The discussion around the future of the Guidance emerged in the backdrop of the Government Accountability Office’s decision that the Guidance is a “rule” subject to the Congressional Review Act.
It remains to be seen if the regulators will submit the rule for Congressional review, submit a revised rule, or not act.
Bankers are continuing to underwrite deals as though they are in place until they hear officially from regulators and are keeping an eye on other banks for signs of looser underwriting, but have not seen enough new deals yet to see a pattern. With the Trump administration preoccupied by tax reform, some market participants see relaxation as more likely than a repeal, which could be politically unpalatable and open the door to tighter terms, if not necessarily to higher leverage.
“It would make it seem that Congress is pro-leverage or pro-debt. Imagine Congress being unable to fix healthcare but able to pass legislation to increase debt levels,” a loan and high-yield investor said.
Acting Comptroller of the Currency Keith Noreika told Reuters on November 20 that the regulator had been working to ensure that examiners on the ground have a lighter touch with institutions they scrutinise, but change will take more time.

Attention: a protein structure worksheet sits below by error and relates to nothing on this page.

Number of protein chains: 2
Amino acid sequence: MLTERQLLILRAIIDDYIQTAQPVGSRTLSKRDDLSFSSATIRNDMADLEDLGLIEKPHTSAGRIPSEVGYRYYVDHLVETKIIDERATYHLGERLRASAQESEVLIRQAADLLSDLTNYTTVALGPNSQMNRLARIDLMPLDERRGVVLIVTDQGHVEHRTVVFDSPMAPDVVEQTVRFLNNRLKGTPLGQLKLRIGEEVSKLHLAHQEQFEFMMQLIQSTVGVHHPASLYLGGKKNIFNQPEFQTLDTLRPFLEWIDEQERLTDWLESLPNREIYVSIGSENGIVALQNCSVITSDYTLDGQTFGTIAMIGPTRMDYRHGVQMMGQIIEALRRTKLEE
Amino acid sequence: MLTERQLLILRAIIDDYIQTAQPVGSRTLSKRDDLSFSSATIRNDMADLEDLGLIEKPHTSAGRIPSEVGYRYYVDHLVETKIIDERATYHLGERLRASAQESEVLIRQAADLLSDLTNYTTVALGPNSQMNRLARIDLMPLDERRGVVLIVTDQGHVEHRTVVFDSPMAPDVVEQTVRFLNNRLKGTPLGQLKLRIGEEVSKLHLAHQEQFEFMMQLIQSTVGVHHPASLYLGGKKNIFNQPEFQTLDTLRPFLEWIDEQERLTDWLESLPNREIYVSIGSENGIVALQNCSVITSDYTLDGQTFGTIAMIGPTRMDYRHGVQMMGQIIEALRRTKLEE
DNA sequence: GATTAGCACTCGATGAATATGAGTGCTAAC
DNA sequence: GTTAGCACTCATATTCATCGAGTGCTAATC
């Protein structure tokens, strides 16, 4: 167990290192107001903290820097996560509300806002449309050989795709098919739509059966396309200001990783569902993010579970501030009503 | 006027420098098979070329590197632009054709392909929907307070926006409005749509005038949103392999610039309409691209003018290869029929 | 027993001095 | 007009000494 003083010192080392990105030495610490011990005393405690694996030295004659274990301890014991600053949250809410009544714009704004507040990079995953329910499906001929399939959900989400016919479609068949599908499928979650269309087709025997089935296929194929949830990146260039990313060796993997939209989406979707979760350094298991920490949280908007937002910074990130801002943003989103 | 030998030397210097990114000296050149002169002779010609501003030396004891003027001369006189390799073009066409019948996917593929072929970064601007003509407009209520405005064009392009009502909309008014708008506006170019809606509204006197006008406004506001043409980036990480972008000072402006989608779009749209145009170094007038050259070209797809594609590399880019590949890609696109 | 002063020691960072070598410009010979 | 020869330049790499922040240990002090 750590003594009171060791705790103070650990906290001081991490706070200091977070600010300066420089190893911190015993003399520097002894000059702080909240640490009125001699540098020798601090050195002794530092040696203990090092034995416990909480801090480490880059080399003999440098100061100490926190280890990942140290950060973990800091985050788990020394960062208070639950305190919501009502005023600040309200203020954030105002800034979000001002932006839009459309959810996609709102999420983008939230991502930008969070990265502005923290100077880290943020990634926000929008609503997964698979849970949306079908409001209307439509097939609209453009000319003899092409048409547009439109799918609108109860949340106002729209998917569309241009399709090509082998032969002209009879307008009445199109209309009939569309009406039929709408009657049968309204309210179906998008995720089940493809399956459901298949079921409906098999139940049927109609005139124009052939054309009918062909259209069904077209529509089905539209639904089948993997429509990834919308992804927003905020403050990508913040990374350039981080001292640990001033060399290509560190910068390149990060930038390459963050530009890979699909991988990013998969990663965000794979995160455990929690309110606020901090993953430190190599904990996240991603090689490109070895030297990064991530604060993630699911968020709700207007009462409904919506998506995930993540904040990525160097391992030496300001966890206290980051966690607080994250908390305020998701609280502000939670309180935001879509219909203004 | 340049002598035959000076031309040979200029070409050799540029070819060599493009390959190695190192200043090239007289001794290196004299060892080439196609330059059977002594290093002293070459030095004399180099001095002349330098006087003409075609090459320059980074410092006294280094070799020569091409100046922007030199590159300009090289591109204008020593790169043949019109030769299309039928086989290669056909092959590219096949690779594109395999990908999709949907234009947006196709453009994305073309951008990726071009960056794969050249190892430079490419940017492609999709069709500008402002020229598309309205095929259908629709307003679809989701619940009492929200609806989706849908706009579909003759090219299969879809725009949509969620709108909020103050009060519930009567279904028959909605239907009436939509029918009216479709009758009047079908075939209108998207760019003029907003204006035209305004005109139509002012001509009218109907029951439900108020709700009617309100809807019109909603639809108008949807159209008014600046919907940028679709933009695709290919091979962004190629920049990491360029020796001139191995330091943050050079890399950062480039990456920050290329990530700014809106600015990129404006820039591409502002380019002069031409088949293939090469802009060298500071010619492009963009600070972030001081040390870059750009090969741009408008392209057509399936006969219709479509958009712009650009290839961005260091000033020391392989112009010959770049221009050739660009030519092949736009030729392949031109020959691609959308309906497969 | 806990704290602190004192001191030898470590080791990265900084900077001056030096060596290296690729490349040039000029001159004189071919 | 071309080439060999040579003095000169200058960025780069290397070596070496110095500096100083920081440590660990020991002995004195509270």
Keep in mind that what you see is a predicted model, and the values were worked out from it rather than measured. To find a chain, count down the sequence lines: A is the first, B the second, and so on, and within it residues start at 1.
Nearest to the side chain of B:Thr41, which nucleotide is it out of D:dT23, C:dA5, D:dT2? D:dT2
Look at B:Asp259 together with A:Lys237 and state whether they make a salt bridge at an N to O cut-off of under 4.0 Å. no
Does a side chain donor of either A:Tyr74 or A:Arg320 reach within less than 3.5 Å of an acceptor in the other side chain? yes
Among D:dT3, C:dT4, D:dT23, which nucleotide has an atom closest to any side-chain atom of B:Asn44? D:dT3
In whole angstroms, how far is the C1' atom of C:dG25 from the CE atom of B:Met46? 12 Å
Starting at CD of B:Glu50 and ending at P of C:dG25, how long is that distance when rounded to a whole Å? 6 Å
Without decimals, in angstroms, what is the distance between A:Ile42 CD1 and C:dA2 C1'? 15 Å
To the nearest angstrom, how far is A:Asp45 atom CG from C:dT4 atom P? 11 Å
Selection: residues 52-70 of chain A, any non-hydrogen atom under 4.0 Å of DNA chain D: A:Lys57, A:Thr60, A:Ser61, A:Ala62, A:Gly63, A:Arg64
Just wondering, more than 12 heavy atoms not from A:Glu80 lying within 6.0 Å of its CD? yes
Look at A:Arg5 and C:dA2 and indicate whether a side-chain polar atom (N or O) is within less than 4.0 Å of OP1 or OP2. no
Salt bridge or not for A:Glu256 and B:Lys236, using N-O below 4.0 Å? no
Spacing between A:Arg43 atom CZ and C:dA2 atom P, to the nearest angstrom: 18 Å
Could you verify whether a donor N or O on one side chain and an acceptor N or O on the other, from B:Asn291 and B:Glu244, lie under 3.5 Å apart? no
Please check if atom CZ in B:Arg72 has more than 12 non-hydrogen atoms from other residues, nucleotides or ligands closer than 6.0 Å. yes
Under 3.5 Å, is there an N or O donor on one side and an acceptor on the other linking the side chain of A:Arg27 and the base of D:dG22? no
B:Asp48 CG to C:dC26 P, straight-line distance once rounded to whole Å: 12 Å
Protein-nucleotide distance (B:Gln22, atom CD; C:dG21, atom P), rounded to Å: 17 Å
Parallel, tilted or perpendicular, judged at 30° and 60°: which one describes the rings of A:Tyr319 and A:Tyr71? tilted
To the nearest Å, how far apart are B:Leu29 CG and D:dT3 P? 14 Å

While some lenders remain concerned that additional risk could enter the market if the LLG is relaxed, most market participants expect some form of regulatory oversight to continue, even if investors are still willing to buy racier deals.
“Credit availability and terms of financing for corporate borrowers are determined by investor demand for credit risk,” said Brit Stickney, portfolio manager of Allianz Global Investors’ income and growth fund team, which manages US$39.5bn in assets. (Additional reporting by Andrew Berlin, Jonathan Schwarzberg, Leela Parker Deo, Lynn Adler and Kristen Haunssin New York; Editing by Christopher Mangham)